National Cancer Survivors Day

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Fifth Lilly Oncology On Canvas Art Competition Invites All Touched by Cancer to Share Their Cancer Journeys

Get your canvases, paintbrushes and cameras ready — the subject is cancer and you are the storyteller. Lilly Oncology and the National Coalition for Cancer Survivorship (NCCS) today announced the launch of the 2012 Lilly Oncology On Canvas: Expressions of a Cancer Journey Art Competition and Exhibition. The biennial competition invites individuals from the United States, Puerto Rico and Canada, who were diagnosed with any type of cancer — as well as their families, friends, caregivers and healthcare providers — to express, through art and narrative, the life-affirming changes that give their cancer journeys meaning.

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Fighting for Two

by Roxanne Martinez

Imagine learning you are pregnant, then being diagnosed with an aggressive breast cancer days later. That was the predicament I found myself in last November. Days after receiving the devastating diagnosis and with a whirlwind of emotions, I scheduled my first obstetrician appointment and my initial meetings with my surgeon and oncologist – all on the same day.

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Fighting Back Against Melanoma

by Debra Black

About 10 years ago, I was diagnosed with melanoma in situ, which is a very early stage of this type of skin cancer. Luckily, it was something that could be addressed with a routine procedure. However, because of that diagnosis, I knew I remained at risk for skin cancer and was advised to see a dermatologist at least every three months for a full body exam, which I did.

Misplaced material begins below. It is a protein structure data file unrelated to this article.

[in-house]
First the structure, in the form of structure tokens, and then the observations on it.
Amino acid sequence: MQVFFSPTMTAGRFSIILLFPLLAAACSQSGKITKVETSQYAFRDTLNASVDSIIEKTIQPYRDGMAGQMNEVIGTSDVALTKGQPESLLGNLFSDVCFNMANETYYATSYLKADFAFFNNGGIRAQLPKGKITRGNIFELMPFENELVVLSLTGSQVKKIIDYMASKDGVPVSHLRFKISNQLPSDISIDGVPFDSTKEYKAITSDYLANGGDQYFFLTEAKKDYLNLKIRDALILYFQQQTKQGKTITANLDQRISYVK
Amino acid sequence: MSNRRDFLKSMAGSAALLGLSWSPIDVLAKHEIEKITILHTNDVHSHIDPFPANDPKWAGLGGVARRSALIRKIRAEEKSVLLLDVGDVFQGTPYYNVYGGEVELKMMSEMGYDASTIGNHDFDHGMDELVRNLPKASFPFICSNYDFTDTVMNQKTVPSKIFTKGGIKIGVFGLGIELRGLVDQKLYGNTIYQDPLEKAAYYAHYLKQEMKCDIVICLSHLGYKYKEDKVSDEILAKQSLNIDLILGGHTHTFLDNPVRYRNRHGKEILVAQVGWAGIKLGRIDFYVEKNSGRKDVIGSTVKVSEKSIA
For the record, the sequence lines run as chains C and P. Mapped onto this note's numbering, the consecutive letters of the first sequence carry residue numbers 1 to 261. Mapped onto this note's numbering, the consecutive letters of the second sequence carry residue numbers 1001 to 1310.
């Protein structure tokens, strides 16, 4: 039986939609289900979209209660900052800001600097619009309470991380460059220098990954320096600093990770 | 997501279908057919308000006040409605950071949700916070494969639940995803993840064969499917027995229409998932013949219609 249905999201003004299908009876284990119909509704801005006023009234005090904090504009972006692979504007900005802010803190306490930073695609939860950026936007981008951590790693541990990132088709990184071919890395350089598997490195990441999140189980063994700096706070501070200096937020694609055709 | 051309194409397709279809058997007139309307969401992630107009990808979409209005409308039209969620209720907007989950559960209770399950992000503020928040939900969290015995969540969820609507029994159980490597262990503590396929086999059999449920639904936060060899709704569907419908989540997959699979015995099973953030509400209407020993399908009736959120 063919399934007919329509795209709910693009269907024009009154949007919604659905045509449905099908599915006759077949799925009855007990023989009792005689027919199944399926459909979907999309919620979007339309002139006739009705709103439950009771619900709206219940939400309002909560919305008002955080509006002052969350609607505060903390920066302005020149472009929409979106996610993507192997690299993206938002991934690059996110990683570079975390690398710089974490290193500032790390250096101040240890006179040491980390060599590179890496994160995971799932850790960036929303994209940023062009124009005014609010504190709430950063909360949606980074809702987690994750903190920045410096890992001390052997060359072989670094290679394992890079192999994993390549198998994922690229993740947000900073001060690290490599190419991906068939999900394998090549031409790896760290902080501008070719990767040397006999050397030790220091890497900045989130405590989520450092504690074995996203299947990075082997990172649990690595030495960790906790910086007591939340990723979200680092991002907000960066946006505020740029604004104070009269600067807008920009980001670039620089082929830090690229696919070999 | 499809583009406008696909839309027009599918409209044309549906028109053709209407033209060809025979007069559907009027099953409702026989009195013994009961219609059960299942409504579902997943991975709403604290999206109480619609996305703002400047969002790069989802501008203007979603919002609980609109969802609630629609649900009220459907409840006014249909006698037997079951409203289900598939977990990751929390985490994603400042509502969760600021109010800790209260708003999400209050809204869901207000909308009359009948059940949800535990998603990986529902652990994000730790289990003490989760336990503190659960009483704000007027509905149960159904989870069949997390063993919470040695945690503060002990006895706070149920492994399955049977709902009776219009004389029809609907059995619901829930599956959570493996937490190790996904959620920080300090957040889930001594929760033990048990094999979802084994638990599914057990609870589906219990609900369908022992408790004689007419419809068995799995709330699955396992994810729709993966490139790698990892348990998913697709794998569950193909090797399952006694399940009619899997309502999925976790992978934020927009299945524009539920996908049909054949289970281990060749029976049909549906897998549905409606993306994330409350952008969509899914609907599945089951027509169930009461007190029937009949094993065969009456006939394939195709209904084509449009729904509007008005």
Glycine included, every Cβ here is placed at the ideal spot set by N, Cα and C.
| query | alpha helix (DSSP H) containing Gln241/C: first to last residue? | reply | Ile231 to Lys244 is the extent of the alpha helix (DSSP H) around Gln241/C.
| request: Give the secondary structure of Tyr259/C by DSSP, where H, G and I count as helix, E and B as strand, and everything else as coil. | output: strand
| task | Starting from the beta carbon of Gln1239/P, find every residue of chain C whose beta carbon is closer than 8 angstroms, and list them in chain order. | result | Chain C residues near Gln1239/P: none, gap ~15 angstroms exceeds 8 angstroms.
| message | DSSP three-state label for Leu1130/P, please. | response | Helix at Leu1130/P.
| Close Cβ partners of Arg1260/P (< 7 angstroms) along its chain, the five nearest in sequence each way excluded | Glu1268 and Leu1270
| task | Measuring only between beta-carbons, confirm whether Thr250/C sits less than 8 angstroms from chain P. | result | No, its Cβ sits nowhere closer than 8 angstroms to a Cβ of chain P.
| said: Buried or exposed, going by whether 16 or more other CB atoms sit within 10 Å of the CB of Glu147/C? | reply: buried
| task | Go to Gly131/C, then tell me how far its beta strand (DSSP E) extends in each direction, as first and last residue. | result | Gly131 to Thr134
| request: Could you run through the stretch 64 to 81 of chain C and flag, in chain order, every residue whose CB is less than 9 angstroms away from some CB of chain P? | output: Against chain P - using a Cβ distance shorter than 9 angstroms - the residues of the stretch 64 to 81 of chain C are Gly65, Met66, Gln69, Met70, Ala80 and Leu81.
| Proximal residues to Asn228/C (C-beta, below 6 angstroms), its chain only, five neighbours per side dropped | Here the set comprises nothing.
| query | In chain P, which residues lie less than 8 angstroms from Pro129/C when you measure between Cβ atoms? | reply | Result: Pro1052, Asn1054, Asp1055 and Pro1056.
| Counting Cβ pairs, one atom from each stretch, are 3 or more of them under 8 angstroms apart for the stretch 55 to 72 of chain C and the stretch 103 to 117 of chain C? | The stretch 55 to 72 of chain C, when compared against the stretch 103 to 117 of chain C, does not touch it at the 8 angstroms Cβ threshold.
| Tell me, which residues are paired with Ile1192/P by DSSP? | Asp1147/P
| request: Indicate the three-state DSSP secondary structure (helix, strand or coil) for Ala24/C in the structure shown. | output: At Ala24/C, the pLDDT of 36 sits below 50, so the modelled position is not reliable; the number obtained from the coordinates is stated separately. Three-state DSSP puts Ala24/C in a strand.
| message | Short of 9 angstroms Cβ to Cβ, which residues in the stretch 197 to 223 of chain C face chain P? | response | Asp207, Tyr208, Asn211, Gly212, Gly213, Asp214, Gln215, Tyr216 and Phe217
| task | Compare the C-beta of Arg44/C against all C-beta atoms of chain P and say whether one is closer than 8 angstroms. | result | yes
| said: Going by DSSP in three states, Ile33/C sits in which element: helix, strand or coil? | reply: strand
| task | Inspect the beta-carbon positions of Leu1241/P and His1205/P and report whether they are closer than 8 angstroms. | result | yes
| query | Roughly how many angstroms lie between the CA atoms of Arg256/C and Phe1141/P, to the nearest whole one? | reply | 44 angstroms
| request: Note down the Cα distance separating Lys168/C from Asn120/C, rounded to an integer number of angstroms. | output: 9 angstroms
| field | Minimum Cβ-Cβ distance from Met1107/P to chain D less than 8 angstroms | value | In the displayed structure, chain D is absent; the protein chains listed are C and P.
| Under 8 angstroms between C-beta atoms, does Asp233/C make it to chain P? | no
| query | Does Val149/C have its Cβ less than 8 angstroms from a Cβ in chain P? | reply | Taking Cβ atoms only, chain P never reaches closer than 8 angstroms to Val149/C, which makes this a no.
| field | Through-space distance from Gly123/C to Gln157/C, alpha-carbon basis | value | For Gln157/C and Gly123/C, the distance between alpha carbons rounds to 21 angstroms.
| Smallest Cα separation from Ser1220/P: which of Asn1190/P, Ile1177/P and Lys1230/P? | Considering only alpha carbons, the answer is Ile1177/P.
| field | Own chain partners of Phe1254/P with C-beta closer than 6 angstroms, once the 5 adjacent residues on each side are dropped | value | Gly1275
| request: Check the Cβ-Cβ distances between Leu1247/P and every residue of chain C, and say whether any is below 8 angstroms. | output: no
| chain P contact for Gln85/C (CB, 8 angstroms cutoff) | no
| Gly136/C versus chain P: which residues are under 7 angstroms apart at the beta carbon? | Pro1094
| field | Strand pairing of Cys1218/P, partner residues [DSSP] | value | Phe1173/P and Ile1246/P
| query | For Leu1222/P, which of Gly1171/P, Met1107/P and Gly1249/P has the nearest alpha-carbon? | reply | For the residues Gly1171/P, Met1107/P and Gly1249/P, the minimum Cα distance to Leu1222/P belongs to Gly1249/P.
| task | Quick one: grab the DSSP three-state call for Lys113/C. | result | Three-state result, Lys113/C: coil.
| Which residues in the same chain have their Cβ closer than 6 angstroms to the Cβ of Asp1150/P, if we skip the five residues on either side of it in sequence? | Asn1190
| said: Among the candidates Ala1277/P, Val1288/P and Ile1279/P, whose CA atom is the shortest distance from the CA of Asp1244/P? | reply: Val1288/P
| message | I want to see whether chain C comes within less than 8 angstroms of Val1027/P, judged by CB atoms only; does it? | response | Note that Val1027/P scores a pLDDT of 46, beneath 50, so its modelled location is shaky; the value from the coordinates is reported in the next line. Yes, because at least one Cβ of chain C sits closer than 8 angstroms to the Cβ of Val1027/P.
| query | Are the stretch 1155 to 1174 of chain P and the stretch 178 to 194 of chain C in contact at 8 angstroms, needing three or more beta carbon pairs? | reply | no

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Daily Reminders

by David Kelley

Tinnitus is the correct medical term for it. What I call it is one of my daily reminders that at least I am alive and able to, literally, live with such things as the constant, sometimes louder, sometimes quieter but always present tinnitus. It’s that ringing, buzzing, droning, no longer annoying, always there side effect of my cancer treatment last year. Actually, it’s just one of the side effects of the cancer treatment.

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The Bet

by Jana Johnston Moritzkat

Amy agonized over losing her blonde cotton candy hair to the shower drain. Her poker straight locks were baby fine, and when she teased and coated them with hairspray they puffed up and swirled like spun sugar. The chemotherapy nurse had said her hair would begin falling out two weeks after her first treatment. That was three days ago.

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The Trouble with Hope

by John Ptacek

I had a strained relationship with hope before my wife was diagnosed with cancer. To me, hope was a high waiting for a low, a fix with a nasty flipside. Far from the precious entity exalted by legions of poets and philosophers, hope was just another coordinate on the pain and pleasure cycle, existing in infinite balance with its opposite.

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On Surviving Breast Cancer – A Nurse’s Perspective

by Kathyrn T. Negri, RN

Some years ago while working on the medical unit, I overheard a doctor tell a woman she had breast cancer. The woman was in disbelief. She let out an agonizing cry and started shaking uncontrollably. My heart ached for her. I couldn’t help but wonder how I would react to such news. It wasn’t until years later that I found myself in the same predicament.

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The Wrestler

by Renee Gurley

Jon Veitch ended his freshman wrestling season with a dismal record of no wins; he had tasted defeat and refused to take another bite.

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